Neurochemical and behavioral effects elicited by bupropion and diethylpropion in rats

Abel Santamaría, Hugo R. Arias

Research output: Contribution to journalArticlepeer-review

30 Scopus citations

Abstract

This study is an attempt to demonstrate whether bupropion (BP) and diethylpropion (DEP) exert their pharmacological actions by similar neurochemical mechanisms in the dorsal striatum. In this regard, the release of dopamine (DA), glutamate (Glu), and GABA, was determined in the rat dorsal striatum after acute (5. min) and chronic (15 consecutive days) treatments, and subsequently correlated with the locomotor activities produced by these drugs. The results from the acute experiments indicate that BP and DEP (40. mg/kg) increase locomotor activity, whereas chronic DEP treatment decreases locomotor activity by unspecific mechanisms. Acute BP treatment produces significant DA and Glu, but not GABA, releases. A lesser extent of DA release and tissue content of DA and its metabolites, and consequently less locomotor activity, was observed after chronic BP treatment. Acute DEP (5. mg/kg) was only able to slightly increase DA release and to decrease the tissue levels of DA, but no other markers, with practically nil locomotor activity, whereas chronic DEP produced even less neurotransmitter release. The observed difference between BP and DEP might be based on that although both drugs inhibit the DA and norepinephrine transporters, the BP-induced nicotinic receptor inhibition has yet to be demonstrated for DEP.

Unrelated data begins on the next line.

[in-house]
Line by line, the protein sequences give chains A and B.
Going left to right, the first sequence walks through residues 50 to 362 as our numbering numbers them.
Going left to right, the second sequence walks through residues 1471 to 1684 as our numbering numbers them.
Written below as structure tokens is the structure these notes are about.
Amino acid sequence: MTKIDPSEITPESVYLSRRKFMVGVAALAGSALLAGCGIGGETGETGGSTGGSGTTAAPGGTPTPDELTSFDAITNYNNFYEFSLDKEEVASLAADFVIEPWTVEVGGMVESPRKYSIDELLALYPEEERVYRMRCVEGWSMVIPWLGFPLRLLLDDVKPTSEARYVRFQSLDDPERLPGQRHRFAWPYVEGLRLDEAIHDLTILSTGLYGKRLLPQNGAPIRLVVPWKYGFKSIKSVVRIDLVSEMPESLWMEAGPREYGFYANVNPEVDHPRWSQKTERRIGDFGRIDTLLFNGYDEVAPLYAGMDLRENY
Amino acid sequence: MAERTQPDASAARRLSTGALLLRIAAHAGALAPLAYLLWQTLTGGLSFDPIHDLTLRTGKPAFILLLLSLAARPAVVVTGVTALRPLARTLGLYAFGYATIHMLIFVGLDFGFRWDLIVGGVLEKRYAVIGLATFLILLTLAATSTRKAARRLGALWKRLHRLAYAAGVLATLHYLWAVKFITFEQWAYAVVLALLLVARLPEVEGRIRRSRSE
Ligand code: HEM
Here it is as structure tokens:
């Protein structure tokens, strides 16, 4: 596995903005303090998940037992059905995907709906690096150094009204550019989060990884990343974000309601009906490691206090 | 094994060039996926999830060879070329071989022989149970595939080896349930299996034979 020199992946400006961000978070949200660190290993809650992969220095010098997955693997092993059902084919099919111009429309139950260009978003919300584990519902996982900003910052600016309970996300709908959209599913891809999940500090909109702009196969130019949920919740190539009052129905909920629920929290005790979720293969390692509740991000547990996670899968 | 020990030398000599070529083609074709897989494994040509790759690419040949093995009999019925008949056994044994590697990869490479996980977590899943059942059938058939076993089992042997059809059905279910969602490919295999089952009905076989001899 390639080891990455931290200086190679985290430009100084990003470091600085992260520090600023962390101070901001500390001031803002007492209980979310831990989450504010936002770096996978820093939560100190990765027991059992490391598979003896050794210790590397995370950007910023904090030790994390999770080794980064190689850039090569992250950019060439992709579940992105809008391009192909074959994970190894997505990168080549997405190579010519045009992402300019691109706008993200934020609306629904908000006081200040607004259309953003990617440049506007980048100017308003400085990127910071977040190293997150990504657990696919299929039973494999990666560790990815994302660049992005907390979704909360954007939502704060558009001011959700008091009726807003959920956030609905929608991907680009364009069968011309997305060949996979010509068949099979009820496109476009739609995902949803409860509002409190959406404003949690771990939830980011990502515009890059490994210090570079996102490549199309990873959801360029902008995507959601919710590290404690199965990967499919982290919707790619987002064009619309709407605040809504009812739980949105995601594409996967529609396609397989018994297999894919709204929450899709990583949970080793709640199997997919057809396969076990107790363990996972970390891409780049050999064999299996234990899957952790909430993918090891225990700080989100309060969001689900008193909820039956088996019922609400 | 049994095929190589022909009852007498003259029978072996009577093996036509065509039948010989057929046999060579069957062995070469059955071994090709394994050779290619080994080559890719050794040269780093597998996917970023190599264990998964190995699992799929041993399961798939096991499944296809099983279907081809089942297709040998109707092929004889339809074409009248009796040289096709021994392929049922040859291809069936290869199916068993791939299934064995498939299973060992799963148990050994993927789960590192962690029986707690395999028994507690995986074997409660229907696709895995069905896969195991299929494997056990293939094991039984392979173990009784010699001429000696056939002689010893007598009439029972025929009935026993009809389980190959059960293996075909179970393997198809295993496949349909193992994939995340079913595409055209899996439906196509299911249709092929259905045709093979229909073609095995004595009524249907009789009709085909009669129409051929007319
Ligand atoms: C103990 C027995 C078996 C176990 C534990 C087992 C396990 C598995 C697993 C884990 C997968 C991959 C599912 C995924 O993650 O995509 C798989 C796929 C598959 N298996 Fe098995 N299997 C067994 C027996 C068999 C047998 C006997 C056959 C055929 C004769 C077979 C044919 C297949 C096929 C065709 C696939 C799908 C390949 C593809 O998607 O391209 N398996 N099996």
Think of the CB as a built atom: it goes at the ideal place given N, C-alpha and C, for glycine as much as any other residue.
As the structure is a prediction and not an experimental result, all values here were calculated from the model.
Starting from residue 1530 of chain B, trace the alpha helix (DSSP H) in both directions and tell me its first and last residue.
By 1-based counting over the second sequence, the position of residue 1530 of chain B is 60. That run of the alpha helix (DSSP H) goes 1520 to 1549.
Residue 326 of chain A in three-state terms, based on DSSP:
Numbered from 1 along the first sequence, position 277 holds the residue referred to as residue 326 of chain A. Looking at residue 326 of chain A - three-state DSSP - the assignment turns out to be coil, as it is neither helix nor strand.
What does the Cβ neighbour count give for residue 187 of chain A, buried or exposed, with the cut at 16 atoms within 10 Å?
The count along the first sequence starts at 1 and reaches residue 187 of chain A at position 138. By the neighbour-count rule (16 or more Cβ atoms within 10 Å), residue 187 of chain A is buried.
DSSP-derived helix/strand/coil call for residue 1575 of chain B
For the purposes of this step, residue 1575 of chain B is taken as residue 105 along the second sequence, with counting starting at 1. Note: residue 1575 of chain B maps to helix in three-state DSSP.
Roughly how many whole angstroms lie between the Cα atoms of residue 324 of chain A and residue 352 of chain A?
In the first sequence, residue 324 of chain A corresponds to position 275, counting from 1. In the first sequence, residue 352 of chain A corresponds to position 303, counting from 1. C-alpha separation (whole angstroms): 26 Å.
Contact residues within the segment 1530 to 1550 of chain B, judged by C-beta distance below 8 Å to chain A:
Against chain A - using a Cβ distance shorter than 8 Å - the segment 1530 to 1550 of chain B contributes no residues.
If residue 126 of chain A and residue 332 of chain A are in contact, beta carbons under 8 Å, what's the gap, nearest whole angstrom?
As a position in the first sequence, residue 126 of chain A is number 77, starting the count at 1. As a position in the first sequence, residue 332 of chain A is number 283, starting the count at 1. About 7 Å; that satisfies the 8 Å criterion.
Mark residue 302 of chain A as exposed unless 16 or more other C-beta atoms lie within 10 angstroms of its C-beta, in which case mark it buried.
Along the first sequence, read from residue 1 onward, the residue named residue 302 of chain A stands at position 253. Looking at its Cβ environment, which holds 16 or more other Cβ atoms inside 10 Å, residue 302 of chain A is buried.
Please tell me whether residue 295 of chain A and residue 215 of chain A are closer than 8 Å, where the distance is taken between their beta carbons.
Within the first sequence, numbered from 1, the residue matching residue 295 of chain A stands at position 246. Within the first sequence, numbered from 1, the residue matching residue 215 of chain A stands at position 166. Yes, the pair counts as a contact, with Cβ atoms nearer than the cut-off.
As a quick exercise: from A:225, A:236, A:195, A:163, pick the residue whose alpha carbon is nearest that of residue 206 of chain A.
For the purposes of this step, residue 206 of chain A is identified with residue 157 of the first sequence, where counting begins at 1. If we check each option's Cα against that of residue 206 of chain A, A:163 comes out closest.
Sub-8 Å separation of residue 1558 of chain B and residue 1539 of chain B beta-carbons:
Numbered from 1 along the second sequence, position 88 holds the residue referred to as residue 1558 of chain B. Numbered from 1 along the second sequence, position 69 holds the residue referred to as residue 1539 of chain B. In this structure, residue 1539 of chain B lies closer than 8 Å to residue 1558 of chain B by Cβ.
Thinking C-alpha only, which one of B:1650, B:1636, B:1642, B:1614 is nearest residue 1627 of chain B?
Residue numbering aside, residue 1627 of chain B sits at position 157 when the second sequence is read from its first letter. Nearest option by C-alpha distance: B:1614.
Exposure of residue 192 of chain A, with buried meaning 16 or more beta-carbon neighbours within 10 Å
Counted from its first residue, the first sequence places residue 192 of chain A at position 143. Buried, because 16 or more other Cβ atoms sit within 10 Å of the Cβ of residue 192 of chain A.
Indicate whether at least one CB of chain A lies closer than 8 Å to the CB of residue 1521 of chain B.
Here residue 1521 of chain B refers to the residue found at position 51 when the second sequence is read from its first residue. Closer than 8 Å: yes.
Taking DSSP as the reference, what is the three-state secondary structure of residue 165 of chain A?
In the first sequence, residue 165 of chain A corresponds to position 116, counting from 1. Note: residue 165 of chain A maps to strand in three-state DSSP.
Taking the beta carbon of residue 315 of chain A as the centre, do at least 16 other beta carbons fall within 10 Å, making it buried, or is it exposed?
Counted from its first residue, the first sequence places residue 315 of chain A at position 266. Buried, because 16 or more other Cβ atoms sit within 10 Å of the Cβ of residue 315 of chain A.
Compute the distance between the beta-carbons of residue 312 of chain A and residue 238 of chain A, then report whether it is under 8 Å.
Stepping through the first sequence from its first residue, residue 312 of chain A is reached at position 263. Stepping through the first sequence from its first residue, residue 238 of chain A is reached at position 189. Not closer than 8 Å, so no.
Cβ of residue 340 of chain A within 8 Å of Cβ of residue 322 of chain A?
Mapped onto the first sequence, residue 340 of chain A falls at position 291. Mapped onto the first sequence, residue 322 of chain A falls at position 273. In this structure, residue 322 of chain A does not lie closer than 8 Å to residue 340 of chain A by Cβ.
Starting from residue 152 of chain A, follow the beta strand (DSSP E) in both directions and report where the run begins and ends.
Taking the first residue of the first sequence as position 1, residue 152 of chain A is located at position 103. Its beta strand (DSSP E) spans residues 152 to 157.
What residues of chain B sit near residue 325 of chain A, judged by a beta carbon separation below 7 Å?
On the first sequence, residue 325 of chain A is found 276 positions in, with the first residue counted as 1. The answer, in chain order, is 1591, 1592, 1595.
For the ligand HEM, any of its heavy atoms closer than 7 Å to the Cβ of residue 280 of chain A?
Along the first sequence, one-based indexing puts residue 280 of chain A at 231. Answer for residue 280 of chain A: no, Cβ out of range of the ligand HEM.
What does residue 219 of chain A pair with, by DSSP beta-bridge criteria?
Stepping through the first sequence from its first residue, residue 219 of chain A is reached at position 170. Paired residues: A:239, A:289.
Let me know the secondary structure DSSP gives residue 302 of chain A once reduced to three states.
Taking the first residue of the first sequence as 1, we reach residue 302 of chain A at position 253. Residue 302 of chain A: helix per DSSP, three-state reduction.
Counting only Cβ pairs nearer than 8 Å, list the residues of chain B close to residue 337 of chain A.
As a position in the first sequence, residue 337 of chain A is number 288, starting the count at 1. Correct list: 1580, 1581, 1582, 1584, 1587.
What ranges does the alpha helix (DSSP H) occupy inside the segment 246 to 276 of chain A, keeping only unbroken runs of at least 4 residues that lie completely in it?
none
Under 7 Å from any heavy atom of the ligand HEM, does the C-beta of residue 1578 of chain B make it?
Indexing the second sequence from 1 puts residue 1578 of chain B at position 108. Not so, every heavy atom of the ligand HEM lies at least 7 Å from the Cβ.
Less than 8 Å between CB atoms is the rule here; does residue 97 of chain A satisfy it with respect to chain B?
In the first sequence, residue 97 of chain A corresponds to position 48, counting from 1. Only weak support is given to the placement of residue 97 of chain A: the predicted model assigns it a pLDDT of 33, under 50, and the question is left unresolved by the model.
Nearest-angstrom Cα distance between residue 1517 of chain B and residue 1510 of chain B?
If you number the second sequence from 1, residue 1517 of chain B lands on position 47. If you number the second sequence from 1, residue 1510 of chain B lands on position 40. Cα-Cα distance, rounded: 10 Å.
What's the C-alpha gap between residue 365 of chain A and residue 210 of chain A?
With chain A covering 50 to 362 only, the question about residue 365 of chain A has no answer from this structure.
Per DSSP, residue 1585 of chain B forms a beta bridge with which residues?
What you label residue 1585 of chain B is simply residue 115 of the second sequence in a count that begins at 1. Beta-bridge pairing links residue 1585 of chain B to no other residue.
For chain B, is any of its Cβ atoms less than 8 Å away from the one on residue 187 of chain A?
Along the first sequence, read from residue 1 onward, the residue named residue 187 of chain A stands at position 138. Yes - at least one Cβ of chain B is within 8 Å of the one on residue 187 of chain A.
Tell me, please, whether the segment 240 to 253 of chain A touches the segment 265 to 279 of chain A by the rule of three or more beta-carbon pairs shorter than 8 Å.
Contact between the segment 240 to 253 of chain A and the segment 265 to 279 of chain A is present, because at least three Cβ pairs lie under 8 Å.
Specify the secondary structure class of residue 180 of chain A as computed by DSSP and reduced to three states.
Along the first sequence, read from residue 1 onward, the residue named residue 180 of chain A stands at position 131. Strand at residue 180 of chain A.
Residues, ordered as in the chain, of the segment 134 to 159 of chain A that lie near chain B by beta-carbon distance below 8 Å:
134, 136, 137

Original languageEnglish
Pages (from-to)132-139
Number of pages8
JournalBehavioural Brain Research
Volume211
Issue number1
DOIs
StatePublished - 1 Jul 2010
Externally publishedYes

Keywords

  • Antidepressant
  • Bupropion
  • Diethylpropion
  • Dopamine release
  • GABA release
  • Glutamate release
  • Locomotor activity
  • Microdialysis

Fingerprint Dive into the research topics of 'Neurochemical and behavioral effects elicited by bupropion and diethylpropion in rats'. Together they form a unique fingerprint.

Cite this